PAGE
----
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Sat 2 Jun 2007 12:17 AM

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Luxury launch

Burj Al Arab in Dubai, one of the most luxurious hotels in the world, wants to offer its guests early access to world leading IT. Duncan MacRae finds out how Microsoft is helping.

The UAE's Burj Al Arab is generally acknowledged as being one of the best hotels in the world. Designed to resemble a billowing sail, the building soars to a height of 321 metres, dominating the Dubai coastline. At night, it offers an unforgettable sight, surrounded by choreographed colour sculptures of water and fire. This all-suite hotel epitomises the Dubai lifestyle and reflects the finest that the world has to offer.

The hotel is part of the dynamic and fast growing Dubai-based luxury hospitality group Jumeirah, and it claims to be the most luxurious hotel in the world, catering to sophisticated business and leisure customers.

Located in the heart of the Gulf's hospitality industry, Burj Al Arab is known worldwide for its exceptionally high standards. Many of its guests are repeat customers who appreciate the hotel's commitment to providing a unique experience on each visit. For this reason, and in line with parent company Jumeirah's "Stay Different" slogan, Burj Al Arab wanted to offer guests early access to "world leading" IT. The hotel management decided to equip each of the Burj Al Arab's 202 guest suites with laptops which were running Microsoft Windows Vista Enterprise Edition and the 2007 Microsoft Office system.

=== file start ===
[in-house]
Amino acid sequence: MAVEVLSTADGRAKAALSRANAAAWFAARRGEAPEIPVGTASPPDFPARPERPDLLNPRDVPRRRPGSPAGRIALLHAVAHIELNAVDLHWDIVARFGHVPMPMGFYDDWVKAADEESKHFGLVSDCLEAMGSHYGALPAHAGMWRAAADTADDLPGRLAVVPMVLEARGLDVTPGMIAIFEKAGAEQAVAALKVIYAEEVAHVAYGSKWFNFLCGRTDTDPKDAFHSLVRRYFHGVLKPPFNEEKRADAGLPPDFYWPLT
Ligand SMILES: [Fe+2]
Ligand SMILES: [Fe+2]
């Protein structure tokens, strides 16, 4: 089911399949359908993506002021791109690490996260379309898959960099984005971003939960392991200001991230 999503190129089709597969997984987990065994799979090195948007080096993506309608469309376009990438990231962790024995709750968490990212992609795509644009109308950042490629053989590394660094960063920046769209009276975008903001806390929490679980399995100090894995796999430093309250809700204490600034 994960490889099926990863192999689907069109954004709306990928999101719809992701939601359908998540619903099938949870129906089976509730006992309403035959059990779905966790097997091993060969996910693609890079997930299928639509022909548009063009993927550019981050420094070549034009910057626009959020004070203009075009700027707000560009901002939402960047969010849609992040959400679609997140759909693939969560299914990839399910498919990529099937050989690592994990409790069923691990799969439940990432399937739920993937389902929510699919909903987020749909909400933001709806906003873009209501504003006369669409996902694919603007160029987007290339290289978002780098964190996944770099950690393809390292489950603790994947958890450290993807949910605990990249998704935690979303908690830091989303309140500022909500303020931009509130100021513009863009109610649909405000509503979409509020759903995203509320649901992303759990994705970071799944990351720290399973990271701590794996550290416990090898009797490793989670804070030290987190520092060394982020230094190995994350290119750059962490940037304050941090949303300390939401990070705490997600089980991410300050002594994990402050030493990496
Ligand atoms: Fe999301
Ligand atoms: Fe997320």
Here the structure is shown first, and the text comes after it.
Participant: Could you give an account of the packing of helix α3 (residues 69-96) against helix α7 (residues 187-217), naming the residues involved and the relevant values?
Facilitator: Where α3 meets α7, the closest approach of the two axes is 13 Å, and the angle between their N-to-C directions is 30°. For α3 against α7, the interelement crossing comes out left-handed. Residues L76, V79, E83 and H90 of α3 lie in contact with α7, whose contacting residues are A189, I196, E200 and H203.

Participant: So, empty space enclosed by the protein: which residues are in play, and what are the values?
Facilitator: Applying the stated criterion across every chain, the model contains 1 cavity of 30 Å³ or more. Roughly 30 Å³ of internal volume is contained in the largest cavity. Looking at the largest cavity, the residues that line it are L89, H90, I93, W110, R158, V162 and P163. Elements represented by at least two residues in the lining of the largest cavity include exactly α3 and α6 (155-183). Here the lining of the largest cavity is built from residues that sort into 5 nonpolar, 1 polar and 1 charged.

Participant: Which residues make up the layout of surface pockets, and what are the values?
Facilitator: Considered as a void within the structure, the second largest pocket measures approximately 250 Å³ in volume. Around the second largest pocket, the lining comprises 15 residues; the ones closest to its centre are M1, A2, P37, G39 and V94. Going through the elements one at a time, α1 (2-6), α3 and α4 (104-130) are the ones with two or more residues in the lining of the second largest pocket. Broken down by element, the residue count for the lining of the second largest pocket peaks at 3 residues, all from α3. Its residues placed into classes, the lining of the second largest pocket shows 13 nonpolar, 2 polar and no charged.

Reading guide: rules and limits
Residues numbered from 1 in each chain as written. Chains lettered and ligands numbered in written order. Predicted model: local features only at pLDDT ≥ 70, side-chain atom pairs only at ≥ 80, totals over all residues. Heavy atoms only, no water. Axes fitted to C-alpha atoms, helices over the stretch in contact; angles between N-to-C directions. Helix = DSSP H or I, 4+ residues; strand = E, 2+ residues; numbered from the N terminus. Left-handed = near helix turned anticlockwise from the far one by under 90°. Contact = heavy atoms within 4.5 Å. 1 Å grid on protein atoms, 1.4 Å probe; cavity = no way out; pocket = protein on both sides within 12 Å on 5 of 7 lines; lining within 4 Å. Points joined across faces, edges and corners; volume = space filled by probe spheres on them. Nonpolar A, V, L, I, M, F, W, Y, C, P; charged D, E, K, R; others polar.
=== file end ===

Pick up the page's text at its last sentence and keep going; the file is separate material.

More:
Frederick Sabty, director of IT at Burj Al Arab, says: "Our aim is to be different and an innovator at the cutting edge of technology. We offer the world's best service, the best food and beverages, the most luxurious accommodation and the best IT. We wanted to make it even easier for our guests to access their e-mail messages, the internet, and multi-media content."

Burj Al Arab has begun the migration to a new operating system for back of house operations, but the 202 suites - there are no rooms at Burj Al Arab - have come first.

"Our guests are our top priority," says Sabty, who is also using the 2007 Microsoft Office system. "Having made the decision to switch to the best, we wanted to be up and running with the new system within three weeks. By becoming an early adopter of a new system, we are putting our guests on the first step of a big staircase because eventually they will all be using it for their business and leisure."

Burj Al Arab invited Microsoft Gold Certified Partner KalSoft to implement the technology for 206 laptops for all 202 suites after choosing Microsoft Windows Vista and the 2007 Microsoft Office system.

The deployment tool used was Microsoft Solution Accelerator for Business Desktop Deployment (BDD) 2007, which provides tools and guidance for deploying Microsoft's Windows Vista and the 2007 Microsoft Office system.